# DC circuits analysis with PSpice: tutorial 5

In this tutorial, I will help you analyze a DC circuit. A DC circuit is the one in which the source of the circuit is of direct current rather than alternative current. At the start of the tutorial a brief introduction of DC (direct current) is provided after that a simple DC circuit is implemented in PSPICE and the results were analyzed precisely. At the end of the tutorial you are provided with an exercise to do it by yourself, and in the next tutorials I will assume that you have done those exercises and I will not explain the concept regarding them.

### Introduction to a DC circuits

DC circuit is the circuit in which direct current source is used. Direct current is defined as the constant flow of electric charge traveling from high potential to low potential. Similarly, the circuit that contained electric current flow in only one direction is known as direct current circuit. The relationship between voltage, current and resistance is defined using ohms’ law. Ohms’ law states as

The voltage is directly proportional to the current in a circuit provided that the resistance (and the temperature) remains constant. In this tutorial this law is applied and verified using PSPICE as you will see shortly.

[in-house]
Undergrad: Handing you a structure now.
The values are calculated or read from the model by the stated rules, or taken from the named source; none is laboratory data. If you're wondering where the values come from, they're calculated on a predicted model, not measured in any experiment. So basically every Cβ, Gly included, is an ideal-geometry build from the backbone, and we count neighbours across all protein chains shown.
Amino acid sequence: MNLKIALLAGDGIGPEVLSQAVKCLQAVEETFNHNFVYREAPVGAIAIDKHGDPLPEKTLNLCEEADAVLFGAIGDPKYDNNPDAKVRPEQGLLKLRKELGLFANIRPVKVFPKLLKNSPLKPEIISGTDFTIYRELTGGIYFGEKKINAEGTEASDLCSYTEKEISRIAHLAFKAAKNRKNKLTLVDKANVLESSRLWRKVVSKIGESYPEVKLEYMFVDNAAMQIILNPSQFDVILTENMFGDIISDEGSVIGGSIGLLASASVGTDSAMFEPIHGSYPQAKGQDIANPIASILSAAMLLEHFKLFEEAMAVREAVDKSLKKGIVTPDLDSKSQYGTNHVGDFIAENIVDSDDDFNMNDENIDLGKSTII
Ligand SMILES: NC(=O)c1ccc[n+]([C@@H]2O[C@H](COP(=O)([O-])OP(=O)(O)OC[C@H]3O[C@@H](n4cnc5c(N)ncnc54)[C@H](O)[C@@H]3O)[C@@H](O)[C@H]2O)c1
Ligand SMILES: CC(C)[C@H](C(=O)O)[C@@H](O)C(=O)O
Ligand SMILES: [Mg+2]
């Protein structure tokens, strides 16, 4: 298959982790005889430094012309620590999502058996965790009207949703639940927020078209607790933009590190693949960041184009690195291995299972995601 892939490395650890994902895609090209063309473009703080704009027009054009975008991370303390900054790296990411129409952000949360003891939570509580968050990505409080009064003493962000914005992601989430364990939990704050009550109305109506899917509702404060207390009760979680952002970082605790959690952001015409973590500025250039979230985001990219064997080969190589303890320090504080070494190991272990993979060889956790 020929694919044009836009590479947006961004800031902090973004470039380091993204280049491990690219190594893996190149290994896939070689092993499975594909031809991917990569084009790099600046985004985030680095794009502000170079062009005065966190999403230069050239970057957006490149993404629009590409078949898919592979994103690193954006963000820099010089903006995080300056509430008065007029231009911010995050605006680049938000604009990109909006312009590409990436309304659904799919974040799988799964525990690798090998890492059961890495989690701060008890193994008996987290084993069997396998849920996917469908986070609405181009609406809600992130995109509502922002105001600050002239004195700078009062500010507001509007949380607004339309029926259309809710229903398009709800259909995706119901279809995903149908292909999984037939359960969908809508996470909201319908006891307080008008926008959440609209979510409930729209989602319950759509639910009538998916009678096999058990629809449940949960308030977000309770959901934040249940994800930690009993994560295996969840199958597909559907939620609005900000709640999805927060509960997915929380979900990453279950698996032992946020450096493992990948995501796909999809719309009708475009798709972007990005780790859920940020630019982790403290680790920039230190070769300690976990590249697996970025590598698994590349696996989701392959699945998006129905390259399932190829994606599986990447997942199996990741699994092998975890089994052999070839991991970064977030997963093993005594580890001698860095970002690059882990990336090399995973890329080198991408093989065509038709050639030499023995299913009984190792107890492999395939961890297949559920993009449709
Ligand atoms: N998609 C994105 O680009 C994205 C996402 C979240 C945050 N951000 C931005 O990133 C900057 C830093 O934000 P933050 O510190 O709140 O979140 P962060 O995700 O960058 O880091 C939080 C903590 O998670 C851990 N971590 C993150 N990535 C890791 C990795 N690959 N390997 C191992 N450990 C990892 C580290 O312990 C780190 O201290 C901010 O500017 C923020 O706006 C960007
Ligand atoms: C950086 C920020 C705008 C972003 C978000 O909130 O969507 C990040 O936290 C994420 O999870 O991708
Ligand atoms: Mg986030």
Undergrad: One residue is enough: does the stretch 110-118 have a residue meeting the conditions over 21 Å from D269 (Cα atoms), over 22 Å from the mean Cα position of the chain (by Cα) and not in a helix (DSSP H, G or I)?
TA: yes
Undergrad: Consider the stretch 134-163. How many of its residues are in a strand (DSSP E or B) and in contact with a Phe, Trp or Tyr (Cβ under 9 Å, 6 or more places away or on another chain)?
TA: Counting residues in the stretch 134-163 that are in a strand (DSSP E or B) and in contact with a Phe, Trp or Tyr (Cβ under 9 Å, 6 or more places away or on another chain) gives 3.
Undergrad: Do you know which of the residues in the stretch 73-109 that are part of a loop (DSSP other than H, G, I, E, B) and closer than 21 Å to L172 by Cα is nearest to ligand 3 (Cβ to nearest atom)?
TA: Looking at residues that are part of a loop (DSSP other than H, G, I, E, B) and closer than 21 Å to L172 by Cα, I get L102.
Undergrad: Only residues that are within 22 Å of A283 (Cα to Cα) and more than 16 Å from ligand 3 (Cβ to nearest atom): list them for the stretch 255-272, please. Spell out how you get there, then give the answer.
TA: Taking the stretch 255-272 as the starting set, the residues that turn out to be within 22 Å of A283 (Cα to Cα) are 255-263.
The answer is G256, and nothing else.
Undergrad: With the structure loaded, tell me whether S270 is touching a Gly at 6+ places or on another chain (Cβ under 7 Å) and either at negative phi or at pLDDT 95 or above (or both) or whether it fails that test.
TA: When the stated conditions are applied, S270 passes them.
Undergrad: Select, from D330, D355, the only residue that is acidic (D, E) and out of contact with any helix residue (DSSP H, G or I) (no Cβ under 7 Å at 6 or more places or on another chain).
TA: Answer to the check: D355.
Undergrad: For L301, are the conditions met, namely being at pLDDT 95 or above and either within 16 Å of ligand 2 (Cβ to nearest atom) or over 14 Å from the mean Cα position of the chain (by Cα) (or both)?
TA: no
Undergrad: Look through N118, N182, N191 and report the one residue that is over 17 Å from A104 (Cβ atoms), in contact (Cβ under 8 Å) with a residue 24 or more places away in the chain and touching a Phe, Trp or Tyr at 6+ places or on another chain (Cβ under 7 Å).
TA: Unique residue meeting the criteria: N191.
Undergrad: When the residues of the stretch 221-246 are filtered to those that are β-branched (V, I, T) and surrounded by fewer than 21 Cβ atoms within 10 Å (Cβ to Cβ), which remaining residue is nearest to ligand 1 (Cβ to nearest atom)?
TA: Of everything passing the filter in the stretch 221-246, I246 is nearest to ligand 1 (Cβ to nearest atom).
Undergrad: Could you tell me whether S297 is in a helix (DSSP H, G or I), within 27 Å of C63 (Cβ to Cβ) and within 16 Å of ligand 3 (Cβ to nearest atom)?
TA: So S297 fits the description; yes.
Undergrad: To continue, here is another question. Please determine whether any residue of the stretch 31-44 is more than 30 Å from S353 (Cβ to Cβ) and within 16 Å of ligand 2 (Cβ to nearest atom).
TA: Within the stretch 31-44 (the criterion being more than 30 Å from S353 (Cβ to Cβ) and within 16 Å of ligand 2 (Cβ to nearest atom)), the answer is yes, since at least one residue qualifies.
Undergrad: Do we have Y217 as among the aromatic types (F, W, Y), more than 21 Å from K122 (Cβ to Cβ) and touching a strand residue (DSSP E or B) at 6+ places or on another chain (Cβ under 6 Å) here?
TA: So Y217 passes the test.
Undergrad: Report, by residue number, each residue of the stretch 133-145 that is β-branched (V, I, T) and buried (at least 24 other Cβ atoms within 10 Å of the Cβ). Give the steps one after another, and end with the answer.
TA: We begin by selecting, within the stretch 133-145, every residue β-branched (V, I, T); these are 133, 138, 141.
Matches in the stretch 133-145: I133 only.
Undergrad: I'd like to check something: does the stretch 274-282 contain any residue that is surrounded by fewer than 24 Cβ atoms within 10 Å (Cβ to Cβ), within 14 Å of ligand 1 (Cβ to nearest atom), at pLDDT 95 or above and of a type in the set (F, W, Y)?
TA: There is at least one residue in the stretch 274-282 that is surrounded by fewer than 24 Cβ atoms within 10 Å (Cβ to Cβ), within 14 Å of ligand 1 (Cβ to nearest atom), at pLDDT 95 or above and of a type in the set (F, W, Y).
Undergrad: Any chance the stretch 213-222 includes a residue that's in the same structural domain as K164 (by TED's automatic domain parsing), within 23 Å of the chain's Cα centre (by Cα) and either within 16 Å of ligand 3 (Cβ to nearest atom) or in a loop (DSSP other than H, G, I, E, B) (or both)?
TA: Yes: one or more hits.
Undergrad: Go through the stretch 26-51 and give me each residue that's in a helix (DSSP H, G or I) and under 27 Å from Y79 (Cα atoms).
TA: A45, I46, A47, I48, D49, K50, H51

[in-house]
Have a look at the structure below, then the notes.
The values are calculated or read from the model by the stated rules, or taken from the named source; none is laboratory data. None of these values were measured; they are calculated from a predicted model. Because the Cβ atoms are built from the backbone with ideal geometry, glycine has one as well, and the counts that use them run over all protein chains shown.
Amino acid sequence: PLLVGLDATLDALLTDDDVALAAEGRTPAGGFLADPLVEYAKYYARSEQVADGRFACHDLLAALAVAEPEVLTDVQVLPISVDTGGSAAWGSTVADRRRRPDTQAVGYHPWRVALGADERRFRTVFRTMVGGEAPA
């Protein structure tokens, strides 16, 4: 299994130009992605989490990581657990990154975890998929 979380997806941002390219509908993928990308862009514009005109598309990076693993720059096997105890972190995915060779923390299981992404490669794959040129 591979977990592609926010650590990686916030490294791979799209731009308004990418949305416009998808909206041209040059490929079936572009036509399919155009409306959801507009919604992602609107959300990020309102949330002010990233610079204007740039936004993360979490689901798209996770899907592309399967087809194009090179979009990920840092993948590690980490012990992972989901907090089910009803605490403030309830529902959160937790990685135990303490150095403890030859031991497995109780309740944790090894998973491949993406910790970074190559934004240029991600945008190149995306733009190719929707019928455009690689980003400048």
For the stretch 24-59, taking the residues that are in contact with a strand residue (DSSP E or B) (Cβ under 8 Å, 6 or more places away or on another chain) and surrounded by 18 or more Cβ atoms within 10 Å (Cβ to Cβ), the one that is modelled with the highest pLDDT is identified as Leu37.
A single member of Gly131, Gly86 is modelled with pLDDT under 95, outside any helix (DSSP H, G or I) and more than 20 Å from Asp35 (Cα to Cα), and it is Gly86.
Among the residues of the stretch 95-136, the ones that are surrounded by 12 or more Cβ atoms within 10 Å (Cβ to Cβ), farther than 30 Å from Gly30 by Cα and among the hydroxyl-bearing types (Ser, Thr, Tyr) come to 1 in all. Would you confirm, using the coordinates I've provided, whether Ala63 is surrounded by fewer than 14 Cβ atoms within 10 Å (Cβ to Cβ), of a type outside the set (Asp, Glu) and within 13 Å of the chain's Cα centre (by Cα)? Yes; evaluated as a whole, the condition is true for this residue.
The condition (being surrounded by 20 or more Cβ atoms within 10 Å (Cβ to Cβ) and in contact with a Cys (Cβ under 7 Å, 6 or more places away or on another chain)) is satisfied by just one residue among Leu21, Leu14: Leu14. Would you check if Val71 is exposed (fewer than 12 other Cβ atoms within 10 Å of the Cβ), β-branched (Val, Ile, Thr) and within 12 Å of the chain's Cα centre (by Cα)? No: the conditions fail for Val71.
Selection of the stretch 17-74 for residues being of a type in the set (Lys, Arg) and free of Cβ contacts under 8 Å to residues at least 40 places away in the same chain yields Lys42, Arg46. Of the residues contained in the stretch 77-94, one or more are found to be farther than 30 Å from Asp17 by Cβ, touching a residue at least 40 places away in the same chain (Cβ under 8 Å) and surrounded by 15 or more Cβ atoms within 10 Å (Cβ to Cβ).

### DC circuits analysis with PSpice

Figure 1: Open new schematic

Figure 2: Saving schematic

Figure 3: Getting new part

Figure 4: Place resistor

Figure 5: Resistors placed

Figure 6: Input dc placed

Figure 7: Ground placed

Figure 8: Placed components

Figure 9: Drawing wire

Figure 10: Parallel resistor

Figure 11: Complete circuit diagram

Figure 12: DC attributes

Figure 13: Voltage marker

Figure 14: Voltage marker placed

Figure 15: Analysis setup

Figure 16: Transient properties

Figure 17: Labeling the wire

Figure 18: simulation

• As all the resistors are in parallel and we know that the voltage remains the same in parallel regardless of the value of the resistances connected in parallel. If two or more resistors are connected in parallel, then the very basic concepts of electrical engineering provide us with the information that the voltage across each of the parallel connected resistances remains same no matter what value we assign to the resistance. The voltage supplies to the parallel resistor appears across every resistor connected parallel to it. This concept is illustrated in the output of the circuit we simulated above. Refer to the figure below which shows the output of the circuit designed above. Figure 19: Output Voltages

Figure 21: Updating resistance value

Figure 22: Current marker

Figure 23: Current output

• The lowest resistor will have the highest value of current flowing through it, as is obvious from the above figure and the highest resistor have the lowest value of current and it also satisfies tha ohms’ law.

Exercise:

• Do the above DC analysis on three resistor connected in series

(Hint: Voltages will vary in series and currents will remain same)

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